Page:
At one time, Broadway, one of the oldest streets in Los Angeles, was the center of action and hub of business for decades. On this once magnificent street, theaters lined the thoroughfare, housing vaudeville acts and later movie theaters. After awhile this once grand street fell into disrepair, another victim of the blight that struck downtown Los Angeles. However, things are changing. The community wished for restoration of the street and its businesses. Including its grand theaters, Broadway inches towards its former glory. Thanks to Bringing Back Broadway progress is being made in the Broadway Theater District. Night on Broadway allows guests to tour these theaters and appreciate them in their (to be)restored glory.
Night on Broadway
Some groups like the Los Angeles Conservancy offer tours of the theaters. However, Night on Broadway is an opportunity to go into several of the Broadway theaters as they were meant to be enjoyed. The theaters, lit in the evening and hosting performances, gleam. Guests may enjoy their beauty to the fullest, not just as stagnant buildings, but as vital, relevant parts of the community. Built in the 1920s and 1930s, their opulence and over-the-top grandeur are a sight to behold. Seven of the remaining theaters opened their doors so the public, free of charge, could enjoy them and get excited about their preservation.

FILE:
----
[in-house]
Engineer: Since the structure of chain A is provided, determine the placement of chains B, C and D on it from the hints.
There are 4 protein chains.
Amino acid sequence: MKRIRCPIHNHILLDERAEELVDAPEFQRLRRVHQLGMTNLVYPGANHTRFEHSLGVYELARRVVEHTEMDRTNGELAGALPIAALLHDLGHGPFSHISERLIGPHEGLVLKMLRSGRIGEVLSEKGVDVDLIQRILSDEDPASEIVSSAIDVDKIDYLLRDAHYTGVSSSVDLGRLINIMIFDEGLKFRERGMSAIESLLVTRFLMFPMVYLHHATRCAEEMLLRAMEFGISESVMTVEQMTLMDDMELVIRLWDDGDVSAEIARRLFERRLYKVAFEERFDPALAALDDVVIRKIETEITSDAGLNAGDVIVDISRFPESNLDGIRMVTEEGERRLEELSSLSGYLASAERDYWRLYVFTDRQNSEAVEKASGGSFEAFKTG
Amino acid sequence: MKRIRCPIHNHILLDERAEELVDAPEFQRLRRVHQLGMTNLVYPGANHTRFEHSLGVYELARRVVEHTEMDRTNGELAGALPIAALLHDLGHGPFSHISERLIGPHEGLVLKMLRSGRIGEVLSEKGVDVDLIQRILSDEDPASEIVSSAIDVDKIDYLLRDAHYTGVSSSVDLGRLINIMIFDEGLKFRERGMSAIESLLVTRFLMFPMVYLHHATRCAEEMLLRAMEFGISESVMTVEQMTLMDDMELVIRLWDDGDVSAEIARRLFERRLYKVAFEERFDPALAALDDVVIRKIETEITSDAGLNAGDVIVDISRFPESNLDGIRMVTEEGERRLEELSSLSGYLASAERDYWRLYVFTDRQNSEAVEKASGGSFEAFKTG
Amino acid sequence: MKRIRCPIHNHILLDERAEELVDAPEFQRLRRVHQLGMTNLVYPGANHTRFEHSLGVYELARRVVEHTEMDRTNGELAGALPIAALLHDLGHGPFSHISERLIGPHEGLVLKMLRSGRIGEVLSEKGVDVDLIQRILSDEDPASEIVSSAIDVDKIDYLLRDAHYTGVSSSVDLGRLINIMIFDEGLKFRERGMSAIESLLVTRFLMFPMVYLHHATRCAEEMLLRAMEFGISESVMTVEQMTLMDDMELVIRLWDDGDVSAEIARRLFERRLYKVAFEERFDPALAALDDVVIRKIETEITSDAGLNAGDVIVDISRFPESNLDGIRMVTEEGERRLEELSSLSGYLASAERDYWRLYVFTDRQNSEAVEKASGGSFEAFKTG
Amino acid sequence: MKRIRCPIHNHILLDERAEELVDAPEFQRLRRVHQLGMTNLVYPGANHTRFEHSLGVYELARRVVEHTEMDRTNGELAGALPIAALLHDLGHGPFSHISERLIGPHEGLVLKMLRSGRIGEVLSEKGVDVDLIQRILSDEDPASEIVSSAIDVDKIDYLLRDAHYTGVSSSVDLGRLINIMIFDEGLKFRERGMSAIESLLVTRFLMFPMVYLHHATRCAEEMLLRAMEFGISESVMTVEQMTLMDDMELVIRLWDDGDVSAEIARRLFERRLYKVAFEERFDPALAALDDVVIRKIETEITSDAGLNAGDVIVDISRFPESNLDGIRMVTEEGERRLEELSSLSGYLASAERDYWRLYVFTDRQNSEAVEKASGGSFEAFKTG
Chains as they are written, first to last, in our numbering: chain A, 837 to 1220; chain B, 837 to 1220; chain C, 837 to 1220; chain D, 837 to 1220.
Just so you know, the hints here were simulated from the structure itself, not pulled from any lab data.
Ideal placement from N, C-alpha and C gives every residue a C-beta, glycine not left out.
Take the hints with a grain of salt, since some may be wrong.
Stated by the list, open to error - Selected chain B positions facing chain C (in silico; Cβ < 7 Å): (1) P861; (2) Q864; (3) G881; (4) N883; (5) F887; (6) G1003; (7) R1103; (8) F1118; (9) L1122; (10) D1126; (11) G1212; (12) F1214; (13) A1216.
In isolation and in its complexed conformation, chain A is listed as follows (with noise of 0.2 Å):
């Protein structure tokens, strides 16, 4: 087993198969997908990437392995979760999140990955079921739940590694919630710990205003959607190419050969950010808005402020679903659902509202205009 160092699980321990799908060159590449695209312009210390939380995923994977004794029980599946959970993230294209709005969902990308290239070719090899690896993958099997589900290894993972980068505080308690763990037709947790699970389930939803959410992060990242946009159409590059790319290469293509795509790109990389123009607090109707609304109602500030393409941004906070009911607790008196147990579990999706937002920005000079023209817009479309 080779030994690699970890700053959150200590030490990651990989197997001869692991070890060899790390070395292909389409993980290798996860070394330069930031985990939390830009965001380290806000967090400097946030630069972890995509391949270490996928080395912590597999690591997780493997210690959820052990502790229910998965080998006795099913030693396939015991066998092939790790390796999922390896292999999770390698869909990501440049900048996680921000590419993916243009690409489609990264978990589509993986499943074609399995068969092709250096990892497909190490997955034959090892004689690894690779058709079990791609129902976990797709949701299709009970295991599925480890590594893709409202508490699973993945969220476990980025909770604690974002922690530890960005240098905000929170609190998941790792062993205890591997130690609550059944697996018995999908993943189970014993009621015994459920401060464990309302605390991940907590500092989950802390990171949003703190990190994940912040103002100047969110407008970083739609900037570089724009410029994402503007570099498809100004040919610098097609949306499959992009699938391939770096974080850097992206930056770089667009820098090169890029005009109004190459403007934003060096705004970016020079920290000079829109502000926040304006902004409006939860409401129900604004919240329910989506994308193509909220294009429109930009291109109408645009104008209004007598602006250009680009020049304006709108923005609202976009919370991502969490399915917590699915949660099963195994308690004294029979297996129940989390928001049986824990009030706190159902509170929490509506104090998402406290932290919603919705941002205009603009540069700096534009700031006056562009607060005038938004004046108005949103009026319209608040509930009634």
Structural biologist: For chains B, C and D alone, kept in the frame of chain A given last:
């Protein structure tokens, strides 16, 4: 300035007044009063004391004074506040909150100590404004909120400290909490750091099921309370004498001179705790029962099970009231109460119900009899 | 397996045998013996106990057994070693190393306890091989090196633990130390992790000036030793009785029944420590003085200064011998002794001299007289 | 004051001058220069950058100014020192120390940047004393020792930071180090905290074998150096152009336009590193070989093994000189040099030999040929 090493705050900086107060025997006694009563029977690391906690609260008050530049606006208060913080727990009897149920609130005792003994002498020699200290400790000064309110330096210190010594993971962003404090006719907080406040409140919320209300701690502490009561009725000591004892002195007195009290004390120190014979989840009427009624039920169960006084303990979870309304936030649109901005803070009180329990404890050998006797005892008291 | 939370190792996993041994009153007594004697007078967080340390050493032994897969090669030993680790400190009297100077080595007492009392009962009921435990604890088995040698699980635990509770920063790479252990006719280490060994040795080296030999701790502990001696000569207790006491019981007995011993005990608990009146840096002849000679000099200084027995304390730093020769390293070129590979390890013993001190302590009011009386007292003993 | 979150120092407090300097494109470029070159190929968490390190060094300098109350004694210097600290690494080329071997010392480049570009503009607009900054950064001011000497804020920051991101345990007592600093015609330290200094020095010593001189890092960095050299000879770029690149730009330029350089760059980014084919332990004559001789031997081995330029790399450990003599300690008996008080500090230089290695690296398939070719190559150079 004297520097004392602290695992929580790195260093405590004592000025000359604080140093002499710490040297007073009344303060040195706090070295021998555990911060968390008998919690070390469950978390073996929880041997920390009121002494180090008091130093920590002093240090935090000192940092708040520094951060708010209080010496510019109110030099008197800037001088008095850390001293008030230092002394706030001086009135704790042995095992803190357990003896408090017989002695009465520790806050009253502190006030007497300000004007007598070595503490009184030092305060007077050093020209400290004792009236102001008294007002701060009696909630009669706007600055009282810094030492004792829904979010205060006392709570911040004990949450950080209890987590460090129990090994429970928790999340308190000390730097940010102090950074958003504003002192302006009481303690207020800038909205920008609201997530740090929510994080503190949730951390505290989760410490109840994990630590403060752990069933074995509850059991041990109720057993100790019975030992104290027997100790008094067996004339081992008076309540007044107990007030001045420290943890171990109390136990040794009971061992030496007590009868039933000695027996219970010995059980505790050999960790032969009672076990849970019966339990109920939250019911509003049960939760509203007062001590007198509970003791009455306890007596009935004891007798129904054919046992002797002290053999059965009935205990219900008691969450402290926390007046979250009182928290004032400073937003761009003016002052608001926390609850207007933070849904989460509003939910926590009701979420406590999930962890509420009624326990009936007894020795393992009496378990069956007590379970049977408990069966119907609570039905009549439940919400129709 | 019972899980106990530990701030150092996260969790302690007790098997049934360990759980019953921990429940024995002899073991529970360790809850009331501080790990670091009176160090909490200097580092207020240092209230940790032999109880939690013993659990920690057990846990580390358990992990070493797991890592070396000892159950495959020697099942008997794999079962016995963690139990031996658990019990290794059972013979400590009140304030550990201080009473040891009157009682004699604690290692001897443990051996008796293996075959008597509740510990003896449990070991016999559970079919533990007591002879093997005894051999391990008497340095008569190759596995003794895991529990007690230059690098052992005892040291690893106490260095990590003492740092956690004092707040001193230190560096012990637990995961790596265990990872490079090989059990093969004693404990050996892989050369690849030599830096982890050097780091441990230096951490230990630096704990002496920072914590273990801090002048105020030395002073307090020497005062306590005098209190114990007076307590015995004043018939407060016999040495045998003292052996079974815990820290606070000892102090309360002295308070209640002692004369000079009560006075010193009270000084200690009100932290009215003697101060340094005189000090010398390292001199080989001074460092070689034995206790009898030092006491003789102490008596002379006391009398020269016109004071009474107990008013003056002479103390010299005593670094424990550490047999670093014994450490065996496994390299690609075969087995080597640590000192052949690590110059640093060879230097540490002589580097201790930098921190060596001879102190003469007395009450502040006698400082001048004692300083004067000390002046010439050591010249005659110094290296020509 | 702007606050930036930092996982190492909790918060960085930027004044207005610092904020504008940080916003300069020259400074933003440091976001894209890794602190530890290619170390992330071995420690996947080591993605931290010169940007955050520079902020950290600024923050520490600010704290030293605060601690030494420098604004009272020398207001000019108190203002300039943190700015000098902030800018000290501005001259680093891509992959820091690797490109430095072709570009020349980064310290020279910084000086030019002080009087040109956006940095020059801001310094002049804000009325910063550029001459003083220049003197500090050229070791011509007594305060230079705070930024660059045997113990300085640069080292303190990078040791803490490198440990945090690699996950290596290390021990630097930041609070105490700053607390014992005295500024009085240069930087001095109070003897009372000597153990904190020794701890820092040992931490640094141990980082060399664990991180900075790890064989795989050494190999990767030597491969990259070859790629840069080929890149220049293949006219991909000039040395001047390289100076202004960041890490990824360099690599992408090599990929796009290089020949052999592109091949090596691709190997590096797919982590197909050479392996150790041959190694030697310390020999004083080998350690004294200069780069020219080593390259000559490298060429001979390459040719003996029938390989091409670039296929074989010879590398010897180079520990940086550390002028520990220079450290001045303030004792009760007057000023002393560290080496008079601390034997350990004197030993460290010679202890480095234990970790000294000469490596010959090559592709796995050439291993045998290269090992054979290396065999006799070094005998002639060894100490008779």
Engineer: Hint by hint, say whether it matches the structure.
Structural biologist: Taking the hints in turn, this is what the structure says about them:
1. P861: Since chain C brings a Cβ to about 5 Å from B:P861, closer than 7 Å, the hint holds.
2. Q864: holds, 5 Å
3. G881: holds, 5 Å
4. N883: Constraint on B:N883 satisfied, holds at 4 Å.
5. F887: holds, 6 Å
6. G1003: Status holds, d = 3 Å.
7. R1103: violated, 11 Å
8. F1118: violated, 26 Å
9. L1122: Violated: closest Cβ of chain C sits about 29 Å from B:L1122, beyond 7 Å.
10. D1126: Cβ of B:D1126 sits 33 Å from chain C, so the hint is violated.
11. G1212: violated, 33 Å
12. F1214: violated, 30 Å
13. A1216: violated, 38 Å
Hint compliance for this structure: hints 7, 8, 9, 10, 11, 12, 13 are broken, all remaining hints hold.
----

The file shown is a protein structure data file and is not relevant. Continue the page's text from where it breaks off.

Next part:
View down Broadway
Should you choose to go to Night on Broadway, my recommendation is to go early. Guests filled many of the theaters to the brim for the stage shows. Pushing your way past the crowds to get in wasn’t my favorite way to experience the evening. It is wonderful the evening generates such excitement in the community. Just go prepared to join thousands of other people who are as excited to experience the theaters as you are.
The evening was an enchanting experience to step back in time and imagine what life was like back in the day. Next year I’ll come prepared (and with flatter shoes!)
The Orpheum Theater